Thursday, December 30, 2010

Project 365 Smorgasbord (361-363)

.:361/365: On The Self-Degradation Of The Art Form:.

Let me tell you a story but not mention any names. I have a feeling that if the person concerned would read this, though, he would pretty much know it’s him.

Anyways, there’s a reason why I no longer try to completely erase my background as a magician, and it’s not because I still do a lot of magic routines despite always ending my shows with a bunch of mentalism stunners.

It’s mainly because in the Philippines, among the booking people, “mentalism” is turning into quite a dirty word. And I don’t like it. Not one bit.

I’d have you know that as a performer and as a mentalist, I’ve wanted nothing more than to elevate the perception of mentalism as an art form and to have it regarded with a kind of respect that I feel it deserves, especially since, given how a lot of the things we do are all psychological mind games put to practical use rather than the conventional magic “trick” we have grown accustomed to already. That air of legitimacy around what we do has allowed us to take what we do from purely a performing art to even become an educational endeavour, and as an academic at heart, this was a prospect I was very interested in.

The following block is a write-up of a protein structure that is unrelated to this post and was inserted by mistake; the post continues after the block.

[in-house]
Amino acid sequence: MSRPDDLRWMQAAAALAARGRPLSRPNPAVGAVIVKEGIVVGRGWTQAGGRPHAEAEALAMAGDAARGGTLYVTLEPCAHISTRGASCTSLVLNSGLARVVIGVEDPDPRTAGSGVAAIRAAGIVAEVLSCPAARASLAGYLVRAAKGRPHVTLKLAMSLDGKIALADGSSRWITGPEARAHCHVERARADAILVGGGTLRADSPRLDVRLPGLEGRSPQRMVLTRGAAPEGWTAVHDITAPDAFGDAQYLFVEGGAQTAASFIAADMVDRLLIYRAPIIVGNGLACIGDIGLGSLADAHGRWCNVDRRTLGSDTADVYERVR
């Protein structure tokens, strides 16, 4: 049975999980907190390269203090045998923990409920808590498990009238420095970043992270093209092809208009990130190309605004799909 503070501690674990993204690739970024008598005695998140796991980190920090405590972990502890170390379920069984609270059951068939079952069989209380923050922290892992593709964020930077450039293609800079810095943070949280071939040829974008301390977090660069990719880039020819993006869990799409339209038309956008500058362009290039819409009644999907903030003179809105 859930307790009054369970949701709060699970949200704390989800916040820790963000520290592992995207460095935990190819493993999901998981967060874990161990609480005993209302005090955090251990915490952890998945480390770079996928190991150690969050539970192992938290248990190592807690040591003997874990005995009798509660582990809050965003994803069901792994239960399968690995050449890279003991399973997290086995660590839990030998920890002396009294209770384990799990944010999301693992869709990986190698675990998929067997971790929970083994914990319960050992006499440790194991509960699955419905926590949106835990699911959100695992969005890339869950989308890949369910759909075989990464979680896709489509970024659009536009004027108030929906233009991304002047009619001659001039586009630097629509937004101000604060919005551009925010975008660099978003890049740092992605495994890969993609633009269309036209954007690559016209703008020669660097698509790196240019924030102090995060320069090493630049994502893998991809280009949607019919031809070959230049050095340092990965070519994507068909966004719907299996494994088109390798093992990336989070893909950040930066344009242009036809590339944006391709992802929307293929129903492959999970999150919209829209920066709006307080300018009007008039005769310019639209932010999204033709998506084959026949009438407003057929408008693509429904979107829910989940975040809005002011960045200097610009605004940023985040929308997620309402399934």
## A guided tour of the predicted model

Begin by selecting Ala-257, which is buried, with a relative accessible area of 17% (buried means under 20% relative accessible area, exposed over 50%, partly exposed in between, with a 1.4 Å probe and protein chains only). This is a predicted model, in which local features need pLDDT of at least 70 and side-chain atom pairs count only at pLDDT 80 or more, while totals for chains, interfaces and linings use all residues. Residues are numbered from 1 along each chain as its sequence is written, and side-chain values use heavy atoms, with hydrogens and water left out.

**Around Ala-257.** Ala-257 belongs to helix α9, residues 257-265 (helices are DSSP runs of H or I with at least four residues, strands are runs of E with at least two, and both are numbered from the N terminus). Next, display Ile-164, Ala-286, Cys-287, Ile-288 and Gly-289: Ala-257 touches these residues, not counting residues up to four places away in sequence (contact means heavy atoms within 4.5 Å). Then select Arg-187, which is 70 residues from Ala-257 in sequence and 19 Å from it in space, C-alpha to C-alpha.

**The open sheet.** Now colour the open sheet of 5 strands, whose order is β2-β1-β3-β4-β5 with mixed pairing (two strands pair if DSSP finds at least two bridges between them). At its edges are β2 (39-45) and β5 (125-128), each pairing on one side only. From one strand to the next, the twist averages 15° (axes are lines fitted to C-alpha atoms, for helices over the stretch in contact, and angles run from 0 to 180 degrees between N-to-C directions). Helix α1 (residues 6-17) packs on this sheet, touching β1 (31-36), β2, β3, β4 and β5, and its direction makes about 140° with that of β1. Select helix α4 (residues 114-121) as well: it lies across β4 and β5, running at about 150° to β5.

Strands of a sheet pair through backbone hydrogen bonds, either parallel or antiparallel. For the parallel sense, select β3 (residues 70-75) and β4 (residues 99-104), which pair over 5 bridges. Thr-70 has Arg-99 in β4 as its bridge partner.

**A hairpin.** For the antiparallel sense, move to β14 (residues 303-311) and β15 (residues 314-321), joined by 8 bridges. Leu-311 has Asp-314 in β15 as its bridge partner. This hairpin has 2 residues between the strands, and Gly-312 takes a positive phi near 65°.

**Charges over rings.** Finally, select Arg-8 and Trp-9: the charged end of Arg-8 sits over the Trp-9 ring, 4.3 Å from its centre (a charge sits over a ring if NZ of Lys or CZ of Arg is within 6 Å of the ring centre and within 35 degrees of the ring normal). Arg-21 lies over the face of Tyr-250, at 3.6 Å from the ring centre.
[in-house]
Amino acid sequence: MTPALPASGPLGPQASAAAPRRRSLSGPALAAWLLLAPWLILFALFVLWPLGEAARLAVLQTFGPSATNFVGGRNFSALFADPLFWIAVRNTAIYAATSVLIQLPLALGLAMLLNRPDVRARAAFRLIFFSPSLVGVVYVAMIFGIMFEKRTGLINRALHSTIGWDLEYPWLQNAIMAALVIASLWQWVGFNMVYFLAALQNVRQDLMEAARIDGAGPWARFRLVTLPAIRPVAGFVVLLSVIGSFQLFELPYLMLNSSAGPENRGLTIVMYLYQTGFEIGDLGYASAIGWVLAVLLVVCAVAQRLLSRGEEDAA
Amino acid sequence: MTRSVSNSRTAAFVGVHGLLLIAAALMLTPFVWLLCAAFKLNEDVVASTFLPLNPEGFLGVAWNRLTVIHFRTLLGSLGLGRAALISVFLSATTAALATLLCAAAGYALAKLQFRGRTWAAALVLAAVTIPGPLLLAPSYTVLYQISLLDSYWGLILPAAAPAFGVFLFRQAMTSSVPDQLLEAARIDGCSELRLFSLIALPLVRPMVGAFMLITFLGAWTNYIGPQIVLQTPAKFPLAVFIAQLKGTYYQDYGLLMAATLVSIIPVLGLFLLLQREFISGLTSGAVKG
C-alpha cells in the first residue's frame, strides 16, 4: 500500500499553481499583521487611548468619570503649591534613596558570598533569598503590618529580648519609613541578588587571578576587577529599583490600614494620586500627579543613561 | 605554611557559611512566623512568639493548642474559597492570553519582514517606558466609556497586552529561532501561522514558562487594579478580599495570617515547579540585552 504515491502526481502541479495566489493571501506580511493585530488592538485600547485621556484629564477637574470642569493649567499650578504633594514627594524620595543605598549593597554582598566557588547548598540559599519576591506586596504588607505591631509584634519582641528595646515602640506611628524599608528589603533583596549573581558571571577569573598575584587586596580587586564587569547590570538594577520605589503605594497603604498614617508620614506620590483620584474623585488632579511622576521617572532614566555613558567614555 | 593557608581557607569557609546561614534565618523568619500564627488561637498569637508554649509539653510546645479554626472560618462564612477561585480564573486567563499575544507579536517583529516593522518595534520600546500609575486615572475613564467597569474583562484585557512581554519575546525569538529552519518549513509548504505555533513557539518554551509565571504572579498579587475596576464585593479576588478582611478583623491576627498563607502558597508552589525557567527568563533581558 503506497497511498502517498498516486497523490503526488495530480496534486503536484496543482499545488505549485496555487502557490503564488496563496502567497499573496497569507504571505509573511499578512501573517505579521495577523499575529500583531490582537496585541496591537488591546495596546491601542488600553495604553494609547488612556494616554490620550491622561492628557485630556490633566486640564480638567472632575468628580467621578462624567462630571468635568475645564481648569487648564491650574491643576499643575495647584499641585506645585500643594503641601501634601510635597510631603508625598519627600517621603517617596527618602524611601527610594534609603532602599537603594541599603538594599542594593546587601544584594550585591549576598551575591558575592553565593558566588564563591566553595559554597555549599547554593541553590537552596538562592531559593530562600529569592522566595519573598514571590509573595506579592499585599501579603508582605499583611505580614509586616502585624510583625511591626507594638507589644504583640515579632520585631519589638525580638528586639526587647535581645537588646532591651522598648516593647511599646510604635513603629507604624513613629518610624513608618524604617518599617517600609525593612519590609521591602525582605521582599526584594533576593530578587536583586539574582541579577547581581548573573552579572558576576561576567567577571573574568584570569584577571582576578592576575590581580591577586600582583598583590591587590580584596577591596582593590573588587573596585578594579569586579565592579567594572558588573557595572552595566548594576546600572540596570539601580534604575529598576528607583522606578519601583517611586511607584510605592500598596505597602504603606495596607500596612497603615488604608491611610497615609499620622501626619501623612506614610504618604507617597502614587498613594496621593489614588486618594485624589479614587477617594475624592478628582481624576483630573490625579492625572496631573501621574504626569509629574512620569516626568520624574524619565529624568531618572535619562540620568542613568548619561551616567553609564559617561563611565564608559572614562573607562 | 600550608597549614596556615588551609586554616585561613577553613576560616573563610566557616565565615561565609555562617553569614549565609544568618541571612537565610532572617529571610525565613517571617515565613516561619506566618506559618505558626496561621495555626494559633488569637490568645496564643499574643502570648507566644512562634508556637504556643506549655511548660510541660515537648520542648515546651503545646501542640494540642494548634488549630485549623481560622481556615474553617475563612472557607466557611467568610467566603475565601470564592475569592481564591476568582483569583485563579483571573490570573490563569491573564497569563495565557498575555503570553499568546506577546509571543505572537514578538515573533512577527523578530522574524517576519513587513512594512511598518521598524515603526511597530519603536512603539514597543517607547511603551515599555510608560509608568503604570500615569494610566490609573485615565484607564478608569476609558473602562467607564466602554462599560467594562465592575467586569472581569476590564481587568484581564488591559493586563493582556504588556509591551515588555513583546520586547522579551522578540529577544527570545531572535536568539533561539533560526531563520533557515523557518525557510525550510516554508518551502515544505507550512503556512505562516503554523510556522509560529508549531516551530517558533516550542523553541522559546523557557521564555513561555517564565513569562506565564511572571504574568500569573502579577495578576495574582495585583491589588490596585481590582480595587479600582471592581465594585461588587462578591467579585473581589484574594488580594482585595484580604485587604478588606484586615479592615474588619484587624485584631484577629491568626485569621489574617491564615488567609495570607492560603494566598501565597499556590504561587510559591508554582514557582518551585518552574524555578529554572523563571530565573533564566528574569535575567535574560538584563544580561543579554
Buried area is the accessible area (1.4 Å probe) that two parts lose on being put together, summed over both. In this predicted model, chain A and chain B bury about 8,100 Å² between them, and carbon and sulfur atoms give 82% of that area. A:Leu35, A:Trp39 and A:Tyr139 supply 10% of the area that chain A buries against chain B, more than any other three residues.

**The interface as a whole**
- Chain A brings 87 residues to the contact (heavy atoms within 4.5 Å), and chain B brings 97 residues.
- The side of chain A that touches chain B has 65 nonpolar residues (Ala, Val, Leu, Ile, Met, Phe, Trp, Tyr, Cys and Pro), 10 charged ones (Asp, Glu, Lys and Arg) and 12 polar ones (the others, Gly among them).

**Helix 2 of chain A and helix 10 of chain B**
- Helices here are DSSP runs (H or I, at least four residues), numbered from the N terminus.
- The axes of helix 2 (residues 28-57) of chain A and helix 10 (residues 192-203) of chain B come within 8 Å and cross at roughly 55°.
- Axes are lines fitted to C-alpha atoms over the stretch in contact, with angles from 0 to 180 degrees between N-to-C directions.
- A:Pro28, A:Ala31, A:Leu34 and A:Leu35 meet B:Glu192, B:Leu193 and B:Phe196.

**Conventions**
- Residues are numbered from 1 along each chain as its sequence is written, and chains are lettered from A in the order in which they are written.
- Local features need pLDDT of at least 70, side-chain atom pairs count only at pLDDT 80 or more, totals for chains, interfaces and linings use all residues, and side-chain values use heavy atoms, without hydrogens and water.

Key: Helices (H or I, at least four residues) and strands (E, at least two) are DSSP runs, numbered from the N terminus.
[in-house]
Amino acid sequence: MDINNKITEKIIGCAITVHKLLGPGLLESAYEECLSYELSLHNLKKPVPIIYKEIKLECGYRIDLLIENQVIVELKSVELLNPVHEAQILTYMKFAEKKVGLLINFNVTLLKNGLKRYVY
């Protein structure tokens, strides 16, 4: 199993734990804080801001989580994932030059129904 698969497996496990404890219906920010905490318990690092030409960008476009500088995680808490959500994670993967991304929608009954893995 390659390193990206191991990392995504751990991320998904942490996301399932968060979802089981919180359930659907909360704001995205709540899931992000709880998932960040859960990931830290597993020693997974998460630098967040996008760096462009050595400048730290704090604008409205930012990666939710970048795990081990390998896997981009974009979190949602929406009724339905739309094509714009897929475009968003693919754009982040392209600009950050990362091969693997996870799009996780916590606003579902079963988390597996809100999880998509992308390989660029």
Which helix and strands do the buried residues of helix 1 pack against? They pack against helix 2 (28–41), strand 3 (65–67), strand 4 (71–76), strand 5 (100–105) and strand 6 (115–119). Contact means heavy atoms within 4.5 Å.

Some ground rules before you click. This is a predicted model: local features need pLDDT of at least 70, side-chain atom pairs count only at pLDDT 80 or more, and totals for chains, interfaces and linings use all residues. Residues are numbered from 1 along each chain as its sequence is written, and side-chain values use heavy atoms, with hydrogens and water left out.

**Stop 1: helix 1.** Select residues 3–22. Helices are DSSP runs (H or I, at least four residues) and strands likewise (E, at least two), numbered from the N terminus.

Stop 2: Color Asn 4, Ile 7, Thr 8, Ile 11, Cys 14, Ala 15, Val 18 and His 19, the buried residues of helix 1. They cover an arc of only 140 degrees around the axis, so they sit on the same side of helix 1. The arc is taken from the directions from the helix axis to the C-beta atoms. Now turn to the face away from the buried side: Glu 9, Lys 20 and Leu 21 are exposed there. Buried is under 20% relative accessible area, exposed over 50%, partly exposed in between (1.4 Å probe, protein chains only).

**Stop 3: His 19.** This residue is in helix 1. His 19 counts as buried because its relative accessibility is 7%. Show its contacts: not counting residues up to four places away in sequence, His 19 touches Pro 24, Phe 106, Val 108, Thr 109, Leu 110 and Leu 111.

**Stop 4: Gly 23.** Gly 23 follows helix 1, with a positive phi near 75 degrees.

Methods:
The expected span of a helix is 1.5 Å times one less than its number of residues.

Unfortunately, certain unscrupulous people have married mentalism and pickup artistry. While there’s nothing wrong with that, it took a turn for the worse when mentalism techniques became widely available for pickup artists, and in turn, pickup artistry and mentalism have become synonymous, even within the booking community.

Now, I can’t tell you how many times I get asked about PUA as if I’m one of them whenever someone hires me to perform. On top of that, any bad experiences they may have had with whoever that mentalist in particular ends up levied on me as if I personally went there and did an aura reading not meant to indicate someone’s personality but rather to set someone up via negging them and all that jazz I’m only vaguely familiar with.

Hey, do what you wanna do as a PUA. I have no problem with it. It’s when you go out there and ruin the reputation of mentalists for everyone else that I have a beef with the self-degradation of the art form in your hands.

Professional courtesy is the lifeblood of an industry as small as ours. The least you could do is to know better and realize that your actions become representative of the whole. If you’ve been using your mentalism gigs as a way to try to pick up women rather than to, you know, entertain people, then I can assure you that it will reflect on the industry because you get more engagements than the average mentalist, and they will have to deal with the consequences of your offenses.